July 29, 2015
By DENNIS PASSA
KUALA LUMPUR, Malaysia (AP) – Former NBA star Yao Ming and Sochi Olympic bronze medalist figure skater Denis Ten differ in height by exactly two feet. The towering basketballer is representing Beijing’s bid for the 2022 Olympics, and the diminutive figure skater is boosting the bid from Almaty, Kazakhstan.
Size didn’t factor into it Wednesday as both did their best to bring more attention to their delegations ahead of Friday’s IOC vote for the 2022 Winter Games host city.
On the eighth floor of a downtown hotel, the 7-foot-6 (2.29-meter) Yao talked proudly of all his Summer Games experiences – Olympics in Sydney, Athens and in his home country when Beijing was host in 2008.
Did he ever think he’d be singing the praises of a Winter Olympics bid for Beijing? “Summer or Winter Games, they all represent the Olympic ideals,” said Yao, who retired in 2011 after foot injuries cut short his career. “It’s the right time, the perfect time for the Olympics to return to Beijing.”
The 2010 gold medalist figure skaters Shen Zue and Zhao Hongbo were also brought in by Beijing bid officials to speak in favor of the Chinese capital as the 2022 host, despite criticisms that much of the snow for ski events will have to be artificial and the Alpine venues are spread too far from the city.
Yao later appeared at another news conference with 18-year-old Song Andong, who became the first Chinese-born hockey player to be drafted in the National Hockey League when the New York Islanders took him in the entry draft in June.
“It would be a dream for any athlete to compete in an Olympics in his home country,” Song said.
Earlier in the day, the 5-foot-6 (1.68-meter) Ten, who won an Olympic bronze medal last year at the Sochi Games and has a silver medal from the world championships, was among several athletes to plug Almaty.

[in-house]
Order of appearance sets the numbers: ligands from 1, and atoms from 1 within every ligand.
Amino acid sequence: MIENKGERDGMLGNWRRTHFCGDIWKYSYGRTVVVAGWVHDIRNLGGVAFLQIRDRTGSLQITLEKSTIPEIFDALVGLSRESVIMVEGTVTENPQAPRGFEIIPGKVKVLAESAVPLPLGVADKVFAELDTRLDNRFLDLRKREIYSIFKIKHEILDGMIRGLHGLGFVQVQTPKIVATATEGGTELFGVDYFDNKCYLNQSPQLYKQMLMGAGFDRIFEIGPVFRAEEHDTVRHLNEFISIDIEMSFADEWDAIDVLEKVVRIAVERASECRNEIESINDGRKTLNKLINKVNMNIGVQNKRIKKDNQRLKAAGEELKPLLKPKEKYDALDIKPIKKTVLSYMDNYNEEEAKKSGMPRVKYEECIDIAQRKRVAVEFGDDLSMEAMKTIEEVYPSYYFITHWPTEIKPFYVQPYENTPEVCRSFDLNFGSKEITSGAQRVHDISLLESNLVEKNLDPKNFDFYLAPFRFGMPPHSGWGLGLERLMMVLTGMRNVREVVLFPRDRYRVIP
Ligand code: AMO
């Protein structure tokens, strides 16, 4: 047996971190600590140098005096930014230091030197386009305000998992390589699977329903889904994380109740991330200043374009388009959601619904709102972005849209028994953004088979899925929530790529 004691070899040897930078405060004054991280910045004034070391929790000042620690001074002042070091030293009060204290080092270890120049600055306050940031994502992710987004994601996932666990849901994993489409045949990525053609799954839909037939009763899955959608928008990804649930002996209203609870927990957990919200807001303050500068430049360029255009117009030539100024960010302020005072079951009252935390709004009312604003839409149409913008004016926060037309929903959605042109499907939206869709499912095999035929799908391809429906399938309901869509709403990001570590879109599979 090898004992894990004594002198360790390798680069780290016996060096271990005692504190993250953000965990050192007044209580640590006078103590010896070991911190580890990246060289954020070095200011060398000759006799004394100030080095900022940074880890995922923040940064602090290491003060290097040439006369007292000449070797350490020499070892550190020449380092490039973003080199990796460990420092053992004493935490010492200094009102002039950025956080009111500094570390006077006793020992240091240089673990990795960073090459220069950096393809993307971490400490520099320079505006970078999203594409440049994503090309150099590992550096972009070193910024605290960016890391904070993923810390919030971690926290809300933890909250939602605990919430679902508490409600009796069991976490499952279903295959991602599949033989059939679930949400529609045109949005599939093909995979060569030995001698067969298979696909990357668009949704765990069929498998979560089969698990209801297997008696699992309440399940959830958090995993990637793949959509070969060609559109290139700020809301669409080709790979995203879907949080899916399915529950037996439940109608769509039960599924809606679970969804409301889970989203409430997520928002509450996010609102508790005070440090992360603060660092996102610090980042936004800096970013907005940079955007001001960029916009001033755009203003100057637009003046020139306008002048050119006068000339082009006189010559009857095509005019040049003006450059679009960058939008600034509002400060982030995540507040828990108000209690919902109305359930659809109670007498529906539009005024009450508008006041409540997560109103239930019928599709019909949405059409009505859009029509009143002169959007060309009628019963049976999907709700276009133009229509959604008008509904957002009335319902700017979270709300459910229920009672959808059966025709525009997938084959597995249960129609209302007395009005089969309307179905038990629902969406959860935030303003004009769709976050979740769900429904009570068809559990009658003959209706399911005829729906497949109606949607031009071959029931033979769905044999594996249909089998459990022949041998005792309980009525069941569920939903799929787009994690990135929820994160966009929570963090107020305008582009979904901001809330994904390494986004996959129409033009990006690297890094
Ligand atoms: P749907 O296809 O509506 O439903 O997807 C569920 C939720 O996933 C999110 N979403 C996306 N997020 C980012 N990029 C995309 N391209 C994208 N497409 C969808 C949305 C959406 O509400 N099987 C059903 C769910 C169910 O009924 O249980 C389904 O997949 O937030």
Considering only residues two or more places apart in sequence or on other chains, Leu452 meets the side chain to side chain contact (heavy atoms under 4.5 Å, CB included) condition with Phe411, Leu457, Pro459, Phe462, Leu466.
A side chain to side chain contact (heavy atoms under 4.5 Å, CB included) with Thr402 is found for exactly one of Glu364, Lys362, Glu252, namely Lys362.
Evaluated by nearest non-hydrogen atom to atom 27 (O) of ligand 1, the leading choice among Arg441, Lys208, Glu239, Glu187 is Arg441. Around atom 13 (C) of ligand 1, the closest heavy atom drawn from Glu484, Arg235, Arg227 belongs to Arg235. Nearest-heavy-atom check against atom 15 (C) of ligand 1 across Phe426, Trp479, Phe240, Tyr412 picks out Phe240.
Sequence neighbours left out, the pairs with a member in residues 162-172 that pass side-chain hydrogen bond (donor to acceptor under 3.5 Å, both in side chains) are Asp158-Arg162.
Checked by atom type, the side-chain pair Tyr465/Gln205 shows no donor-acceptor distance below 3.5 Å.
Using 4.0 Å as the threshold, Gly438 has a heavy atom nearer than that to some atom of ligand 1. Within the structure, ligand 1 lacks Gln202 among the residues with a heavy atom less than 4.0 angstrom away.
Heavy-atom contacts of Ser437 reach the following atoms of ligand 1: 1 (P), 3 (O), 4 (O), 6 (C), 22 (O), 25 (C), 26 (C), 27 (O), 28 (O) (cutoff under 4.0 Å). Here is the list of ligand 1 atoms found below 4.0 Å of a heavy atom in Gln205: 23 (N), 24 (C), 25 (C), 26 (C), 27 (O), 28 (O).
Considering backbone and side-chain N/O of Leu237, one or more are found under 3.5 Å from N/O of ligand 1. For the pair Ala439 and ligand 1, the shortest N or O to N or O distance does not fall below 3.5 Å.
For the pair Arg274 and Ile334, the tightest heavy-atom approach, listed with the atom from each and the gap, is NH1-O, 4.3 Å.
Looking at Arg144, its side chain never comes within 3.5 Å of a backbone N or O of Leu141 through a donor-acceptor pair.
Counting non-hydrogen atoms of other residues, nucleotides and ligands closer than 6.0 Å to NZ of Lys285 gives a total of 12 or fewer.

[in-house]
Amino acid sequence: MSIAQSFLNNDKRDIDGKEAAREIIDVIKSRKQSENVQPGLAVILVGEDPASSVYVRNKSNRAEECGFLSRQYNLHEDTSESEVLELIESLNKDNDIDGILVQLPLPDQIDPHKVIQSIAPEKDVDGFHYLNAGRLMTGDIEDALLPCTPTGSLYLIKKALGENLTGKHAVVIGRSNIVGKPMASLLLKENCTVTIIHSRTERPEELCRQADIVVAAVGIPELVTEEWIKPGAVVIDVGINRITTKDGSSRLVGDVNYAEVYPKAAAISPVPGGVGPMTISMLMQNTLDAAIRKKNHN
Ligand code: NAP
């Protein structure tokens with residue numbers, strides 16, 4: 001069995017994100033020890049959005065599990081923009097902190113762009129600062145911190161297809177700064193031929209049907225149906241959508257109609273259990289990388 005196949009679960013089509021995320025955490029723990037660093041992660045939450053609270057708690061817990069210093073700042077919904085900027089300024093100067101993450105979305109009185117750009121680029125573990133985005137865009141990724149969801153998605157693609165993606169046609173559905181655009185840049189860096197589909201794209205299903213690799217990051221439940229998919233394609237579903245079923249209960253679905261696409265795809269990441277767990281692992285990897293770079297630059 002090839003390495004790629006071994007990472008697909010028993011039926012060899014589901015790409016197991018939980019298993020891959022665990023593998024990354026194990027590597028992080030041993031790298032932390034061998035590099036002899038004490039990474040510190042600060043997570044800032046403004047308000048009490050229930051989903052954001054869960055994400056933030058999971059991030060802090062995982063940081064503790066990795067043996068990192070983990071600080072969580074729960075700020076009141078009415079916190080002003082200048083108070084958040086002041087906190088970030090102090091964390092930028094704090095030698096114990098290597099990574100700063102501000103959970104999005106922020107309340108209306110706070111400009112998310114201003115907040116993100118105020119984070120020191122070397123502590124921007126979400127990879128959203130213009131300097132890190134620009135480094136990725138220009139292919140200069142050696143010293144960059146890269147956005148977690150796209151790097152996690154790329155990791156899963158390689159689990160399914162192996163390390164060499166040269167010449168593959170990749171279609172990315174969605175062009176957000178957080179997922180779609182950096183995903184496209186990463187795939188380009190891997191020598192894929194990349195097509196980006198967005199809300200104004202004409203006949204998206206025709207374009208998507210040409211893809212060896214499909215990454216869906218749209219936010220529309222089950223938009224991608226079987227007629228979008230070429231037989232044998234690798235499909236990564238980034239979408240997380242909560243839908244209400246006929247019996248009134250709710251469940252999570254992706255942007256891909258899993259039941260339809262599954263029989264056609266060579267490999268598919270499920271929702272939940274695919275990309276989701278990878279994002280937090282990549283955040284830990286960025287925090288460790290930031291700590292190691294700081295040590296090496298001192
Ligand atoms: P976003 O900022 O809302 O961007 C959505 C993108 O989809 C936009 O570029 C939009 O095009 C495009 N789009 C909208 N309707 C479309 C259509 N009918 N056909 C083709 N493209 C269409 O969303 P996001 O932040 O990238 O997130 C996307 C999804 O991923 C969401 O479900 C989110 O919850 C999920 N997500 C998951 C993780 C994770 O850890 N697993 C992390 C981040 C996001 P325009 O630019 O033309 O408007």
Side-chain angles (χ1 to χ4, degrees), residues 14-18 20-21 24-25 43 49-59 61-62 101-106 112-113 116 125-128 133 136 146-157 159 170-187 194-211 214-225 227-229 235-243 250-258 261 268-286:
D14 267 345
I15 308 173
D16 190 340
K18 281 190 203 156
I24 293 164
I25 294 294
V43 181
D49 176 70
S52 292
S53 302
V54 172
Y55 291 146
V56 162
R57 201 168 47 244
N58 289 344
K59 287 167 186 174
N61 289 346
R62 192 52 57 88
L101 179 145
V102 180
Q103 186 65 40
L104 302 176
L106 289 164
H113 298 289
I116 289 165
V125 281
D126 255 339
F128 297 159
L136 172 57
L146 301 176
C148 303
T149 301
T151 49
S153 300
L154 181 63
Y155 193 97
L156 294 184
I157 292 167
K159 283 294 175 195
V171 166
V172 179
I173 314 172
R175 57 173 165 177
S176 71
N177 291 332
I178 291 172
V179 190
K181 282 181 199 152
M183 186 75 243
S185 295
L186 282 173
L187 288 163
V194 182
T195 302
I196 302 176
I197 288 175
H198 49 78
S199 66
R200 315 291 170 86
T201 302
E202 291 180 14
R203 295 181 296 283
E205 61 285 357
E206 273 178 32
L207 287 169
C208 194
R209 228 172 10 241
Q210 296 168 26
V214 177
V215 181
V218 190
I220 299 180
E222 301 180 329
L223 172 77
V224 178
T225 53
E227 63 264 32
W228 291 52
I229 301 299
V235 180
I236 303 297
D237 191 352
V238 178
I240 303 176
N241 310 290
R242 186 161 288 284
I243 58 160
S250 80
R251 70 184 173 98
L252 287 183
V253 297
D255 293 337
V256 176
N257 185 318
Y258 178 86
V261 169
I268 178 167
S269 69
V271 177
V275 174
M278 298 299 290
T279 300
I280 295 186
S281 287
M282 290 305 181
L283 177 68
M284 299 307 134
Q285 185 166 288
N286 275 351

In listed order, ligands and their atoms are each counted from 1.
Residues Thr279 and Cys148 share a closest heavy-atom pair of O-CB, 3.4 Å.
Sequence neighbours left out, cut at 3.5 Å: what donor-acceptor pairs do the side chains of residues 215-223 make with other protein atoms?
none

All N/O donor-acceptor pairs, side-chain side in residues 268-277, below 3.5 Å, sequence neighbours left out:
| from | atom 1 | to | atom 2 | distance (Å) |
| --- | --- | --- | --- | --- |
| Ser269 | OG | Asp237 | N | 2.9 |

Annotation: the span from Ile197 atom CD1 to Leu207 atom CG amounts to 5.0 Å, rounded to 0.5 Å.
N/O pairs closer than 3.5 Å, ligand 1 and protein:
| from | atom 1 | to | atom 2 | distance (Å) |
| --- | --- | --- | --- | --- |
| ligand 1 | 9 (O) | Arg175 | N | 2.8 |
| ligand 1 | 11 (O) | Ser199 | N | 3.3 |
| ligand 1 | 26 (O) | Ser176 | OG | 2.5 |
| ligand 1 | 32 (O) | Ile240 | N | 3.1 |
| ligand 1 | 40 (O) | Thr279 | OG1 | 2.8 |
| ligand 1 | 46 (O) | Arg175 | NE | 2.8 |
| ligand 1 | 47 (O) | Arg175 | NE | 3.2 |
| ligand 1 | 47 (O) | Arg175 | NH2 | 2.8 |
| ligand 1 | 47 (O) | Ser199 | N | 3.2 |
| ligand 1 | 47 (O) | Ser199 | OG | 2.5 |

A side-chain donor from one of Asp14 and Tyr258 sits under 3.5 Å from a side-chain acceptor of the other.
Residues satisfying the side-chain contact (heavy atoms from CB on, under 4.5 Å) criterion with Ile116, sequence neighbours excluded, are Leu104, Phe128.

The 22-year-old Ten was up at 5 a.m. training at an ice rink in a suburban shopping mall in Kuala Lumpur. He said he felt like the practice venue brought him full circle – when he began skating as a child in Almaty, the only place he could train was at a similar shopping mall rink.
“And it wasn’t even Olympic sized,” Ten said. “Now we have facilities that are among the best in the world.”
Whether any Olympic athletes have a chance to experience those facilities in the former Soviet republic will depend on IOC delegates who know very little about Kazakhstan. They know from Almaty’s public relations blitz over the past several years that it’s a country with a proud winter tradition and one that offers real snow and a compact layout.
Almaty’s slogan is “Keeping It Real.”
“We have plenty of water, and plenty of snow,” Andrey Kryukov, the bid vice-chairman, said Wednesday.
Almaty is the former capital of Kazakhstan, a central Asian country which became independent in 1991 after the collapse of the Soviet Union.
Last week, Human Rights Watch singled out the bid from Kazakhstan. The group issued a 31-page report documenting violence and discrimination that lesbian, gay, bisexual and transgender people face in the country.
Human Rights Watch in the past has also criticized Kazakhstan’s restrictions on media and assembly, as well as the detention of government critics.
In response to a question about human rights, Kryukov said Kazakhstan was a “young country moving forward to improve our understanding.”
Beijing’s bid has also faced criticism from human rights groups. Tibetan activists and others say China’s human rights record after the 2008 Olympics worsened rather than show an improvement.